Also known as Jagat Mandir, the five-storey structure of the Dwarkadhish Temple is built on seventy-two pillars. The temple spire is 78.3m high. From the temple dome waves an eighty-four foot long multicolored flag decorated with the symbols of the sun and moon. Lord Krishna's grandson, Vajranabha, is said to have built the original temple of Dwarkadhish over the hari-griha (Lord Krishna's residential place).
The sanctum of the temple is formed by the Jagat Mandir, or Nija Mandir, dating back at least 2500 years. The Jagat Mandir has a tall tower and a hall of audience. There are two entrances to the temple. The main entrance (north entrance) is called "Moksha Dwara" (Door to Salvation). This entrance takes one to the main market. The south entrance is called "Swarga Dwara" (Gate to Heaven). Outside this doorway are 56 steps that leads to the Gomati River.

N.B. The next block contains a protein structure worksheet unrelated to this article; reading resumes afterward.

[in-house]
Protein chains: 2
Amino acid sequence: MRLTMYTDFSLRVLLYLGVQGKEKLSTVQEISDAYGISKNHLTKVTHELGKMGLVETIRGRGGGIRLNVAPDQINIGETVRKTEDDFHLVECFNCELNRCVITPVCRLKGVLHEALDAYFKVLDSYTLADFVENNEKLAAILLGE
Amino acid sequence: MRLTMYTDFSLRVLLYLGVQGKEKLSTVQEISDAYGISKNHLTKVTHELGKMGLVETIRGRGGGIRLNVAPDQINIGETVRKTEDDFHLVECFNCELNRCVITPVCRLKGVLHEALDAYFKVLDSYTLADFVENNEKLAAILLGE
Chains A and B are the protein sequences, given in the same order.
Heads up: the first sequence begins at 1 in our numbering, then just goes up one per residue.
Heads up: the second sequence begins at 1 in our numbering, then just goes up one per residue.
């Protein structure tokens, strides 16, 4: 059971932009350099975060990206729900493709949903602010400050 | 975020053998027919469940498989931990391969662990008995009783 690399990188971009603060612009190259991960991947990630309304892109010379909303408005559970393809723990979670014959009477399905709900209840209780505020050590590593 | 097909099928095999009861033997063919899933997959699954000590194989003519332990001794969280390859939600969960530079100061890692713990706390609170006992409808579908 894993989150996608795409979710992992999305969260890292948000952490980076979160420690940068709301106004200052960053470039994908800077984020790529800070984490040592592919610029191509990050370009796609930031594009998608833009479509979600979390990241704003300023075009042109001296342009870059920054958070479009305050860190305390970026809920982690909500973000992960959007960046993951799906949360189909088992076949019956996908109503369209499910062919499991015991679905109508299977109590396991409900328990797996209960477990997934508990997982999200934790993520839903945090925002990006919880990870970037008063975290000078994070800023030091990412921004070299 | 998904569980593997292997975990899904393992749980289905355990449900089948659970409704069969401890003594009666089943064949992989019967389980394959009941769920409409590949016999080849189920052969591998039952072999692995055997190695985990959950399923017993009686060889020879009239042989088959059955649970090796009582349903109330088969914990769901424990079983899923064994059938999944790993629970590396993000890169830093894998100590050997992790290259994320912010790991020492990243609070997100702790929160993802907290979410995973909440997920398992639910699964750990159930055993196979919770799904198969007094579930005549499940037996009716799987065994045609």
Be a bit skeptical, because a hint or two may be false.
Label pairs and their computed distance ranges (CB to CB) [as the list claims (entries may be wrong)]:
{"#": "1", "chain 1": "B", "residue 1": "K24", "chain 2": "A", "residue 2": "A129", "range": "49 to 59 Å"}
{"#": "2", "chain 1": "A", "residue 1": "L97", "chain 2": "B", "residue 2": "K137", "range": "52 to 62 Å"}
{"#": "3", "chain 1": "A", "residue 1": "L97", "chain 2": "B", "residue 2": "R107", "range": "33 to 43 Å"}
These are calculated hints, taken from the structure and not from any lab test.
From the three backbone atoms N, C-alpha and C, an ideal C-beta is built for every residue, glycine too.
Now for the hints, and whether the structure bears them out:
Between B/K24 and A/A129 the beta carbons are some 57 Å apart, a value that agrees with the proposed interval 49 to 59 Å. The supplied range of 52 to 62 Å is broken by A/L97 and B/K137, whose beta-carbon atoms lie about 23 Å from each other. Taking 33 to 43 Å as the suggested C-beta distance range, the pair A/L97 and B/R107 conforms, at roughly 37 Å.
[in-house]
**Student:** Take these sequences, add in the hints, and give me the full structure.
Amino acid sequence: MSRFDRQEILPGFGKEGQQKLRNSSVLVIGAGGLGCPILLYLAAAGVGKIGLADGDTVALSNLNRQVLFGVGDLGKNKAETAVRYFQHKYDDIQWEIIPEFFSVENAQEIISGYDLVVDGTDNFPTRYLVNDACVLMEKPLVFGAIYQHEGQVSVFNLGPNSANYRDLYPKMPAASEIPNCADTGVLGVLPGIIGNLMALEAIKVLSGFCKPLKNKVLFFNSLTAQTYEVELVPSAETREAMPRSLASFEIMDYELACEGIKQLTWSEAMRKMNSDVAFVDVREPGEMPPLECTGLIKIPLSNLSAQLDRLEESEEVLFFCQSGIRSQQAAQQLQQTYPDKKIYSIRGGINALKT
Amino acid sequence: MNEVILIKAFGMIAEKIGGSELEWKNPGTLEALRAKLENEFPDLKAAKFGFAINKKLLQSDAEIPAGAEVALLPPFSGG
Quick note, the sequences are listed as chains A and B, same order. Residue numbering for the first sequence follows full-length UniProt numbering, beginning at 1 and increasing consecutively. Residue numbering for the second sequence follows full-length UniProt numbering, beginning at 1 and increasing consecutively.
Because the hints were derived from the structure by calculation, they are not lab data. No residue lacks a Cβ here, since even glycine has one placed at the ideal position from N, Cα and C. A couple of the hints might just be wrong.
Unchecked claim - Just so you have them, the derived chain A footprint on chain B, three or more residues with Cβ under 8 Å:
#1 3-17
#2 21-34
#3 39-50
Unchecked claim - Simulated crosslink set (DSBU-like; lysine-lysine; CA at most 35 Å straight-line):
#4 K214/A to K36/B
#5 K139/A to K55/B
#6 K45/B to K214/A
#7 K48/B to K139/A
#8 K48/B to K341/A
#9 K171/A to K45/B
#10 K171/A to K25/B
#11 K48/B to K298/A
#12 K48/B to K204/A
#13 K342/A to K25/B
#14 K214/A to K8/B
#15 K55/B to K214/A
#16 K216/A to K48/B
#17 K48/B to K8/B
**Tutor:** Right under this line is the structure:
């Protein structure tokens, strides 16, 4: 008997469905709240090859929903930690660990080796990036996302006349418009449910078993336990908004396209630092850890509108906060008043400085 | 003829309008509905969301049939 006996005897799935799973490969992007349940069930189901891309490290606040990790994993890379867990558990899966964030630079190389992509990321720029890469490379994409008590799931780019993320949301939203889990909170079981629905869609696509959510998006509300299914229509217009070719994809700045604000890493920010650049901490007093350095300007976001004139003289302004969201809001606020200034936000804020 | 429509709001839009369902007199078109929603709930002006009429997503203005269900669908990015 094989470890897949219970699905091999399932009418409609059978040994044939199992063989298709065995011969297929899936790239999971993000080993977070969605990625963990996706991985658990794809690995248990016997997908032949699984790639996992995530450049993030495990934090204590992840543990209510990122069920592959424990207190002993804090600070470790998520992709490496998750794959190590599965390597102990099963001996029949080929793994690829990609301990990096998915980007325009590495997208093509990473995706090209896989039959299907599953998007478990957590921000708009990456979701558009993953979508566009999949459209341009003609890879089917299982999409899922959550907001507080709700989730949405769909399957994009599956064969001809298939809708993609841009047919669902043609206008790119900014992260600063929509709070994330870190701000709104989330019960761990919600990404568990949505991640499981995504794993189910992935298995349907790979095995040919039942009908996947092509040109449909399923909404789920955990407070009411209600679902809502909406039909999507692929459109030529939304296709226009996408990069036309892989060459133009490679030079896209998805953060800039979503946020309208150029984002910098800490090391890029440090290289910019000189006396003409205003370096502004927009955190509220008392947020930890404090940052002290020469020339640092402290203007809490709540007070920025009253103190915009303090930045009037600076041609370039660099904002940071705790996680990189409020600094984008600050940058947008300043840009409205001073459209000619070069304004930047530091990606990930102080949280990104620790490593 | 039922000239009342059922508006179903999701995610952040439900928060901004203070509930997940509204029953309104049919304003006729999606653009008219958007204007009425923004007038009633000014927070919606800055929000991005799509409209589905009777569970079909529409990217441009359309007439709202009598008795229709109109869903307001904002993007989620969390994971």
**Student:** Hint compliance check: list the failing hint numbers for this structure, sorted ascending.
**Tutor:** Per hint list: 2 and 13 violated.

The holy town of Dwarka in Gujarat State is believed to be the legendary city of Dwarka built by Lord Sri Krishna between 3500 and 5000 years ago. The Harivansh, an appendix to the Mahabharata says that Dwarka was situated on the bank of the river Gomati where it joins the western sea.
Dwarka was submerged by the sea right after the death of Lord Krishna. This was regarded as a grandiose metaphor, part of a story filled with great myths. In the early eighties an important archaeological site was found in India, at Dwaraka, the site of the legendary city of Lord Krishna. Now, it is discovered that the whole coast of western India sank by nearly 40 feet around 1500 B.C. E.